In history, a great volume is unrolled for our instruction, drawing the materials of future wisdom from the past errors and infirmities of mankind.Edmund Burke
Canada has a dark history.
The National Day for Truth and Reconciliation every 30th September, is an evidence.
The day recognizes the colonial legacy of residential schools, honour indigenous survivors, and is vital to an ongoing reconciliation process.
For over 150 years, First Nations, Inuit, and Metis Nation children, were taken from their families and communities to attend schools, usually located far from their homes. More than 150,000 children attended Indian Residential Schools. Many never returned. Survivors have narrated heart-rending tales of the inhumane treatment that they received as children in the residential schools. The Indian Residential schools were grossly underfunded and overcrowded. The quality of education was poor to say the least. The punishment meted out to children for the flimsiest excuses, like speaking their own languages, were grave. At the time, no one was held accountable for the gross abuse and violation of the rights of the children. Not even the staff.
I’m so sorry about everything. I wish history was different but it’s unfortunate. It is what it is. We will walk through it together. I’m hopeful that this never happens to anyone, anywhere, again, ever, in whatever form. That’s my prayer. And that’s my hope for a new world.Dapo Bankole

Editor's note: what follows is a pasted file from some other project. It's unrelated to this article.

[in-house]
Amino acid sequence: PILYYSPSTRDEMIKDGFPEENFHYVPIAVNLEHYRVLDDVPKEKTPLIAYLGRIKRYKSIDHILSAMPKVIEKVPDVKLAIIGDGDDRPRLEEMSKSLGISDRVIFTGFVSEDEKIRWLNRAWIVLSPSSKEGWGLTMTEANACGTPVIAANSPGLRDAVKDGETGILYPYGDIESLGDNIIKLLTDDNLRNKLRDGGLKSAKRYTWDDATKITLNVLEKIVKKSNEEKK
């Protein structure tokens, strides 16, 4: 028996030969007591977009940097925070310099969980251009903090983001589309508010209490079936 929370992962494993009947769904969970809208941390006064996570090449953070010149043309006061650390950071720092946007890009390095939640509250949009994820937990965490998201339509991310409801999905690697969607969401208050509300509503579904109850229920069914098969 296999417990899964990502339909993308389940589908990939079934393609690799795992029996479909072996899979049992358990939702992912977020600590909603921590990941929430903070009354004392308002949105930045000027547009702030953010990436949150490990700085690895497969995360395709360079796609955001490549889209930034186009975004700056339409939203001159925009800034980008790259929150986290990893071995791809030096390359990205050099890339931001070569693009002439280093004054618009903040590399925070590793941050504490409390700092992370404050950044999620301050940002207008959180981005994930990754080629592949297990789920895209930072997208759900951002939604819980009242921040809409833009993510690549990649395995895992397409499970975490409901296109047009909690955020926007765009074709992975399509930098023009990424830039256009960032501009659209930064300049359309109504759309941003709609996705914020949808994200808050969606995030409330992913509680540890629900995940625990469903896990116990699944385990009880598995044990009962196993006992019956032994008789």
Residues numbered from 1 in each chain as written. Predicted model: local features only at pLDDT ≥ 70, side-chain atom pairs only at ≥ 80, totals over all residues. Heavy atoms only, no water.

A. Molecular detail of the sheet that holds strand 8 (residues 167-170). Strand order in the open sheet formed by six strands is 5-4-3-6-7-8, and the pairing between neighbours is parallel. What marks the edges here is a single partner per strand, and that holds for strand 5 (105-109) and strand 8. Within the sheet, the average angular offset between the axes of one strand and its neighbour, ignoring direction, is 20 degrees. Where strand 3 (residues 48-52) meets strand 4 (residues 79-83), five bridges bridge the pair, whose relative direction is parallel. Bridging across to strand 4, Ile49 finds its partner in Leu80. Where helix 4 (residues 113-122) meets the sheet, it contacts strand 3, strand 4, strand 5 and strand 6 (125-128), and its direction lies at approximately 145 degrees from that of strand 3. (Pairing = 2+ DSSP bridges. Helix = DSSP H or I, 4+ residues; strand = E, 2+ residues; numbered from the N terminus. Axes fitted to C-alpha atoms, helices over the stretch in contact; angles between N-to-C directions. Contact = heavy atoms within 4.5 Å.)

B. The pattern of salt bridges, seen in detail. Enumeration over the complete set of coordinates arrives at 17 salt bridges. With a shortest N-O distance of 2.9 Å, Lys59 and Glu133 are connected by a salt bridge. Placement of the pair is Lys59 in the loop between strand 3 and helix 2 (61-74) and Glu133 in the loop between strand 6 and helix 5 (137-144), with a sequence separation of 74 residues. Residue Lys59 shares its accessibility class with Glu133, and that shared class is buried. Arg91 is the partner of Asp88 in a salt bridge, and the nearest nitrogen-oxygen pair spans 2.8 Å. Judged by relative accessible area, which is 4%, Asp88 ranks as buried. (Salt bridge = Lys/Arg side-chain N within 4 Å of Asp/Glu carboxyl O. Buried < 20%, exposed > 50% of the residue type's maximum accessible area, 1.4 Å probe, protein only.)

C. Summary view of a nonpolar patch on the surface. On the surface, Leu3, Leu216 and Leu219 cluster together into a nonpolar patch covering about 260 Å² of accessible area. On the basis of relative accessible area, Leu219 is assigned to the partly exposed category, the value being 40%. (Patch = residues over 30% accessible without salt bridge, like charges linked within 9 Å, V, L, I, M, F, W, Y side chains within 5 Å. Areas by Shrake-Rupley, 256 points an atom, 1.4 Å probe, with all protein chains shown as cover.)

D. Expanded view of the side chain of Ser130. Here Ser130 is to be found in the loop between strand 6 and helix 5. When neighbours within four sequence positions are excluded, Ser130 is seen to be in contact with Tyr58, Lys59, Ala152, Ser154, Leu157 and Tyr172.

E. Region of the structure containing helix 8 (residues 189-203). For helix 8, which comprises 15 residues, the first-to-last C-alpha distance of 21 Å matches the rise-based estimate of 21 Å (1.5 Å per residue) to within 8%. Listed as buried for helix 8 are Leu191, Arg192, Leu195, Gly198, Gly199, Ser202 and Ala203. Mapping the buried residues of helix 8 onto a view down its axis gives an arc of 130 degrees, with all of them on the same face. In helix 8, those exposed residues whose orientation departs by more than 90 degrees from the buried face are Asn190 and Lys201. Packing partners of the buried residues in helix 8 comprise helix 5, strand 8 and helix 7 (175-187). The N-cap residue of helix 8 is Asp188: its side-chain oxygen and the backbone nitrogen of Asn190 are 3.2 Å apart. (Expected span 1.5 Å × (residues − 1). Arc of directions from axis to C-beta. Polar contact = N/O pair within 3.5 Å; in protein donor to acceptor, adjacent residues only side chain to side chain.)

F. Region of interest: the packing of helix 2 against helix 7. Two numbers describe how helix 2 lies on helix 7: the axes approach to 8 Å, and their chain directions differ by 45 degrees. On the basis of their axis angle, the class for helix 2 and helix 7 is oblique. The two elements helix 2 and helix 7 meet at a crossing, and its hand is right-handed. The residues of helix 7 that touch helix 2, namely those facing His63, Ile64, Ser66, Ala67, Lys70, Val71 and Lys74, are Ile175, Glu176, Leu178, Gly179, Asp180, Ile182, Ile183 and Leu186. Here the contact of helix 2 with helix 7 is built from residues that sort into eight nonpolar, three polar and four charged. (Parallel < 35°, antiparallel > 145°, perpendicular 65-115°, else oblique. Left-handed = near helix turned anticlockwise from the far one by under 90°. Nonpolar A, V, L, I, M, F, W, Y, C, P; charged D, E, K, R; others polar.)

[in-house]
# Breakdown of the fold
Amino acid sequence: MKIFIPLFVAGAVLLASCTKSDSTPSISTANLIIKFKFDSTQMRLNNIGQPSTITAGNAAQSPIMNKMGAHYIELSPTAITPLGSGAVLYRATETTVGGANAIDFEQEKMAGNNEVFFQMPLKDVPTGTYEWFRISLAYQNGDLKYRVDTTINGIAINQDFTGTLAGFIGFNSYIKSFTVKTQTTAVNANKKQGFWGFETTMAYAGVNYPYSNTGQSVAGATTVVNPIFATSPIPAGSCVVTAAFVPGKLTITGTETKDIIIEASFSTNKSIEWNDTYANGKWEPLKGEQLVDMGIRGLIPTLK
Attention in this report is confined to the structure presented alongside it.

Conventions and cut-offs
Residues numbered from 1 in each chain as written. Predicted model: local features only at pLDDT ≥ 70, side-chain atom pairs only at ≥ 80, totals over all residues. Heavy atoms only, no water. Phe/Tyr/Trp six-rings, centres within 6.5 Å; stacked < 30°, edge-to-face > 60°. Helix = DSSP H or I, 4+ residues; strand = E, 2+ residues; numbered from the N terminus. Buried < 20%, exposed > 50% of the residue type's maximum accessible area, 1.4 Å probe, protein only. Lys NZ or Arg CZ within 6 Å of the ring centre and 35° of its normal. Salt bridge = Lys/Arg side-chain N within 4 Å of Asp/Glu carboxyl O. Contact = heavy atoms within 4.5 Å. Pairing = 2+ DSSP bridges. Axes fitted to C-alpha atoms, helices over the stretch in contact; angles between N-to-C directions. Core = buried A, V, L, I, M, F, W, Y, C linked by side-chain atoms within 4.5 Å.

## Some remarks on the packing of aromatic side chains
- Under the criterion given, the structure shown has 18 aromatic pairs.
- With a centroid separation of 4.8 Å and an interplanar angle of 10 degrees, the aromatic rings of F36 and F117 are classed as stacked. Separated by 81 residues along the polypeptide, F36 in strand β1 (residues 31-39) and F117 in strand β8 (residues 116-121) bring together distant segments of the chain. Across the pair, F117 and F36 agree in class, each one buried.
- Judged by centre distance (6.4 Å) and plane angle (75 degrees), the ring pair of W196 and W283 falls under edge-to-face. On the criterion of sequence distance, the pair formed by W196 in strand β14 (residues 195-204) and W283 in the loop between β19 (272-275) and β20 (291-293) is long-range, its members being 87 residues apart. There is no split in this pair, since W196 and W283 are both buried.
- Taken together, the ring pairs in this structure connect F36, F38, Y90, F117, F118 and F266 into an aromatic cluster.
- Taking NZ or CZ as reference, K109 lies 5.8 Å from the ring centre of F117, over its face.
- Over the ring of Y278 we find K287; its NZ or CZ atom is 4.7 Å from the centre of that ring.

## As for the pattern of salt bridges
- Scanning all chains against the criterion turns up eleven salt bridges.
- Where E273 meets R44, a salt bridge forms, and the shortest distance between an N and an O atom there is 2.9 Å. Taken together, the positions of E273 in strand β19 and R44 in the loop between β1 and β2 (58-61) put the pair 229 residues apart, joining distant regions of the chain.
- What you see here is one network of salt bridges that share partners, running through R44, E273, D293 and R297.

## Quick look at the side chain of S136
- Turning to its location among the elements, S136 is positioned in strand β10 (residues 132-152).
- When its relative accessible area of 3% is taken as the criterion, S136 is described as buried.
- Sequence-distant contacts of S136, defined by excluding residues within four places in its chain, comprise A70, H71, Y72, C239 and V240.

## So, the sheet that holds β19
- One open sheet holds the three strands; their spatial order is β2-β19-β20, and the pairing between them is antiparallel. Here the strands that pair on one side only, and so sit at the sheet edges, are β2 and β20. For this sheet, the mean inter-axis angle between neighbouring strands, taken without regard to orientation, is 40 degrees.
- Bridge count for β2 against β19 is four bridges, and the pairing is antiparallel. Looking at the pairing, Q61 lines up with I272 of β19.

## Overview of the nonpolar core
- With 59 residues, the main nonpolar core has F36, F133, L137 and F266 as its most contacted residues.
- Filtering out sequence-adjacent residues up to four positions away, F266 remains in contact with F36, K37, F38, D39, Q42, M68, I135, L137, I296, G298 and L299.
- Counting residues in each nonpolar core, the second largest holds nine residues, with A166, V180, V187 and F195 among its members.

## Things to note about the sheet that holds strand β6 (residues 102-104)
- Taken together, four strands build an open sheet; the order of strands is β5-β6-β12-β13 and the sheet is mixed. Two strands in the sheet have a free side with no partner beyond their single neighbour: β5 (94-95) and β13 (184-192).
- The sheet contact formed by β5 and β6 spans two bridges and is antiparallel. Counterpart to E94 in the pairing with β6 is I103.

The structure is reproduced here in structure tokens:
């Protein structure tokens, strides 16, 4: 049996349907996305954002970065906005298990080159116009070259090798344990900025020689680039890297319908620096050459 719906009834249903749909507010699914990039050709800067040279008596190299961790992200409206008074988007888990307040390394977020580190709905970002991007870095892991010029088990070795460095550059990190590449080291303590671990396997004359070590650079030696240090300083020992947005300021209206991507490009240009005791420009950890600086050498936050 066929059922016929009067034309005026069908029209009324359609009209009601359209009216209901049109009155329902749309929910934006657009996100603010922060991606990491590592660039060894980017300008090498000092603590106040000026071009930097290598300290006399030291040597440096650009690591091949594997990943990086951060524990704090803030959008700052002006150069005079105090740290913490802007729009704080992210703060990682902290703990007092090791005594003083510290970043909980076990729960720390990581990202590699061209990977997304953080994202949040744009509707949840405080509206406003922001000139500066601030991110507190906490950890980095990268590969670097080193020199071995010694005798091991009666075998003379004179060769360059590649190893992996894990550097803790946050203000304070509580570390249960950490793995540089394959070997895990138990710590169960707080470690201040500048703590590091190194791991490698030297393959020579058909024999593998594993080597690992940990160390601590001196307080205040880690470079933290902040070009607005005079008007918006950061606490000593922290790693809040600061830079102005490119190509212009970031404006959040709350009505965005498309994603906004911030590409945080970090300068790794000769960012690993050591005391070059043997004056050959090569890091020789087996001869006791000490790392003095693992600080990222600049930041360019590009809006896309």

As immigrants, a part of our heritage is the history of Canada.
So, to commemorate the National Day for Truth and Reconciliation, The Immigrant Life brings to you an esteemed member of the First Nations, Lolly Andrew.
Lolly attended one of the Indian Residential Schools. She, with members of her family, experienced first-hand, what it means to be treated as less than human. We bring to you an edited version of an interview with Lolly, hosted by Dapo Bankole. Through her, we hope you can have a sneak view of the inside of a residential school and how the children lived through the experience and how they have been impacted. The podcast recording is available below for you. Please listen to it!
The hour — long interview was very insightful, touching and engaging. In the end, Lolly says, “I just want to appreciate you reaching out and asking me to do this. I always believe that the creator puts in front of you, opportunities to do the work that’s needed. My gratitude is to the creator and for us to have met at Royal Roads and doing what we did, and I say this, it’s amazing to have the support that we’ve had and for people to reach out to us. I know the creator is taking care of us. Well, I thank you. I hope we will have time to do this again in the future.”
And to which Dapo responds, “Thank you so much. And I’m so sorry about everything. I wish history was different. Um, but it’s unfortunate. It is what it is. We will walk through it together. I’m hopeful that this never happens to anyone, anywhere, again, ever in whatever form. That’s my prayer. And that’s my hope for a new world. Thank you.” We hope you find the conversation insightful.